WordCamp Europe’s Selection Process

I’m a little late to this, but I really found the WordCamp Europe Demographics and Selection Process to be very interesting. I wish more WordCamps put something like this out – maybe something not to this level of detail, but at least stating a general thinking of how speakers were selected. If you put guidelines out in public – especially BEFORE your call for speakers – you should have a better selection of speakers to choose from. Also it can always help those who DIDN’T get selected to determine WHY. I would like to think everyone applying to speak for WordCamps have degree of maturity, but you would be surprised something what some people think in their heads if they aren’t selected for a presentation (and especially if they aren’t told directly why).

Anyway, back to Europe. I found myself nodding as I reading this – everything made sense and would be things I would be looking for if I was throwing an “overseas” event like this. I especially like this statement:

Lots of talented people were turned down. It was a difficult process and there was lots of back and forth discussion to get it right.

For WordCamp Miami, it’s becoming harder and harder to decide on speakers for the event – and this is when the event has grown from a one-day to a three (even four) day event. For WordCamp Miami 2013, we had over 100 applications (not individual people, but it was close). We turned ALOT of people down.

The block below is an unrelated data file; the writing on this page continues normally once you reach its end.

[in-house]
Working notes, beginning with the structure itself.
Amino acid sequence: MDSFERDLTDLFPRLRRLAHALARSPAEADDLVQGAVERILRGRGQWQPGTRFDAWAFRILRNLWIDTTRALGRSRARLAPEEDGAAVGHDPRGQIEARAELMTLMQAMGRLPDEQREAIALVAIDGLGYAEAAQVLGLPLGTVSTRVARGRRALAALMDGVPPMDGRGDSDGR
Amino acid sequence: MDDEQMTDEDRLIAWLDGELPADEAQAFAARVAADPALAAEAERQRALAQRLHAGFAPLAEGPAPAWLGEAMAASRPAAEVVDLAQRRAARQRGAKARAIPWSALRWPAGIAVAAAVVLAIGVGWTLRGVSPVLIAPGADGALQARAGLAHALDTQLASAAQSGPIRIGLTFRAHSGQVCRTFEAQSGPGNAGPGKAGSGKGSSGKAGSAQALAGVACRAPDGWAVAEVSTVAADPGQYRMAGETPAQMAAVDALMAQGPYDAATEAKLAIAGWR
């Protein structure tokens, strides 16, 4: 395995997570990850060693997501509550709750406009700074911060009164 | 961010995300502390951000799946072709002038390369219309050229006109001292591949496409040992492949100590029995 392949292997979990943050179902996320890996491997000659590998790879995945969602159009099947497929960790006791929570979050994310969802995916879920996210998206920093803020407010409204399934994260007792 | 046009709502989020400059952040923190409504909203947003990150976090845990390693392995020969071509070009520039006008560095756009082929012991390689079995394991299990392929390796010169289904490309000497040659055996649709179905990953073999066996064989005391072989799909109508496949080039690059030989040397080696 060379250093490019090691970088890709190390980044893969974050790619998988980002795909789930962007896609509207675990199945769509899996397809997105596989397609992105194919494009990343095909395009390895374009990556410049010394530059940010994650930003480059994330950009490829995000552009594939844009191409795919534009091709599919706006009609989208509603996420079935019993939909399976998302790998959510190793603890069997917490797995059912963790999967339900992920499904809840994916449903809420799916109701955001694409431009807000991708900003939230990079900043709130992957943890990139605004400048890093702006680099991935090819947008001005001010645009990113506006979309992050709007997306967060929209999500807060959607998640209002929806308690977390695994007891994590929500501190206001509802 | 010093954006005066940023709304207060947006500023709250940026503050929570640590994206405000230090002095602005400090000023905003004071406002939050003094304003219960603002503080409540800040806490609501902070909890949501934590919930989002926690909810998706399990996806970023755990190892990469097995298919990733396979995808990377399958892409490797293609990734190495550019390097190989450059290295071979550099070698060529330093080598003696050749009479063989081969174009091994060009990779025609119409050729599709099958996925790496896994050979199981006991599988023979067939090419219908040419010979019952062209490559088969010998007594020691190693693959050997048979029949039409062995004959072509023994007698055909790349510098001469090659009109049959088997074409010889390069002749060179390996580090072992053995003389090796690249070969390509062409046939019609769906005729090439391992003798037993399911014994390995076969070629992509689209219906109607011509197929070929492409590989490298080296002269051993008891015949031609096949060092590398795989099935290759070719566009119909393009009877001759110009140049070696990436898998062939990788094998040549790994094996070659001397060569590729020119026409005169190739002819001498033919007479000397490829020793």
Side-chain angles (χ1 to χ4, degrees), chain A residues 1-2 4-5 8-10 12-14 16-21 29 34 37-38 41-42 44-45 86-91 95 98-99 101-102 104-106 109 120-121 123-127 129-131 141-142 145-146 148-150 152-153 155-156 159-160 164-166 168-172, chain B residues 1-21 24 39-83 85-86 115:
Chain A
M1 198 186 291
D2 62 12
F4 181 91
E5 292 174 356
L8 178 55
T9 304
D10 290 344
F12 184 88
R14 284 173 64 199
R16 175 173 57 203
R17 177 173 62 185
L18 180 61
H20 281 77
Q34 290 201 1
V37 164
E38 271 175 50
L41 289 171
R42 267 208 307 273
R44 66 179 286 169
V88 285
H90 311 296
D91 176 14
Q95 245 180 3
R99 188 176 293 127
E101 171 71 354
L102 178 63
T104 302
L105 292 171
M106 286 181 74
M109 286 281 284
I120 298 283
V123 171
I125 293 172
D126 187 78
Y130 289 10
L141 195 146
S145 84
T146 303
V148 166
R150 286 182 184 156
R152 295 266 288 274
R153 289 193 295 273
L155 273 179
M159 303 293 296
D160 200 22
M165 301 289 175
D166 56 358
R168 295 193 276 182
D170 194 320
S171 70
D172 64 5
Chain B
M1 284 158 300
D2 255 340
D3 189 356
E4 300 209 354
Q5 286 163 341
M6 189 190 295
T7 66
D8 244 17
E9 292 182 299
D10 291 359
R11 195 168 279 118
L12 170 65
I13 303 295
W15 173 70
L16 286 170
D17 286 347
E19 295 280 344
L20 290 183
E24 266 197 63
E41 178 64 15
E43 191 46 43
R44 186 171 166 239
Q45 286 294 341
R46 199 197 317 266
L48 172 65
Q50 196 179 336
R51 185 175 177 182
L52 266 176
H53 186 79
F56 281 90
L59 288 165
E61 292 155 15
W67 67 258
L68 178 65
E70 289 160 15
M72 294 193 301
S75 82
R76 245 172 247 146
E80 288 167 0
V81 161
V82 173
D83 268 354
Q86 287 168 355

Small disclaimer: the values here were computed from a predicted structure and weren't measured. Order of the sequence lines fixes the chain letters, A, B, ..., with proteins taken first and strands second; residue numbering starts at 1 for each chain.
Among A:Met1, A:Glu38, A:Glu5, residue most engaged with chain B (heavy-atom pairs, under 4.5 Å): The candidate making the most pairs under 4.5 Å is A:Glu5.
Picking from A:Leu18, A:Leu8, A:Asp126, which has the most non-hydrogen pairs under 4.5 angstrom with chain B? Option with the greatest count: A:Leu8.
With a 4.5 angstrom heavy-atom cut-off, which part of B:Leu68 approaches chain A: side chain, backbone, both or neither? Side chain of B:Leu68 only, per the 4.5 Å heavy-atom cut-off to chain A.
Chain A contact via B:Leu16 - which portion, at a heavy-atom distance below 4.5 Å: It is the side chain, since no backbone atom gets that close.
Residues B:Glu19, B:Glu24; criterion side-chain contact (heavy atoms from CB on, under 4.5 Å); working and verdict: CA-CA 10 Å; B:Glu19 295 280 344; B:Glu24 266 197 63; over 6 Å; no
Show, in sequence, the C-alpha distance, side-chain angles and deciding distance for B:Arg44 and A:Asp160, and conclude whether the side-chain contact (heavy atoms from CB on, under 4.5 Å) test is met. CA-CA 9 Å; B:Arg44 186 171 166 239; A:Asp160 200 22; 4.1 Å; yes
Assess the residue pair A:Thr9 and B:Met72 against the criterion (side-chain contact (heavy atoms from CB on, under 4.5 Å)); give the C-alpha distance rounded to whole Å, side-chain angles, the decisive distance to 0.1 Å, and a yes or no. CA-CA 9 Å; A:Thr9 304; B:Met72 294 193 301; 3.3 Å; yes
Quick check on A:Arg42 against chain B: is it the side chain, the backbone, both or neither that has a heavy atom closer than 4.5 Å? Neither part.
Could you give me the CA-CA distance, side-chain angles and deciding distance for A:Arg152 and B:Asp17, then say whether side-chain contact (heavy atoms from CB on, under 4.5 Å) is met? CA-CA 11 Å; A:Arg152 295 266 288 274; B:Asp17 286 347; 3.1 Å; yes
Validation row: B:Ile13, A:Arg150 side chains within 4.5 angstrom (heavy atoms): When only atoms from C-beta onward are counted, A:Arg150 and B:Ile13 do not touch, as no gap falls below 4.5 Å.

The other thing I thought was interesting about the selection process for Europe is that you don’t see sex (male/female) mentioned at all. No mention of trying to balance men vs. women or trying to get a good “man to woman” ratio. As it should be. Getting a balanced group of talented people that represent your area (and beyond) is the focus. It was the same for WordCamp Miami. I get asked “how many women spoke at your event?”. Like that’s a badge of honor, I suppose? Honestly, I couldn’t say off the top of my head. I look at men/women as people – so I could tell you how many PEOPLE spoke at the event.

In closing, let’s get more public disclosure on the selection process (and even stats) of those applying and accepted to more WordCamps. For 2014, I’m planning on making something public for WordCamp Miami’s selection process when the time comes.

Collection of WordCamp San Francisco RoundUp/Reviews

I originally posted these on wcsf.wparmchair.com, but it got too long.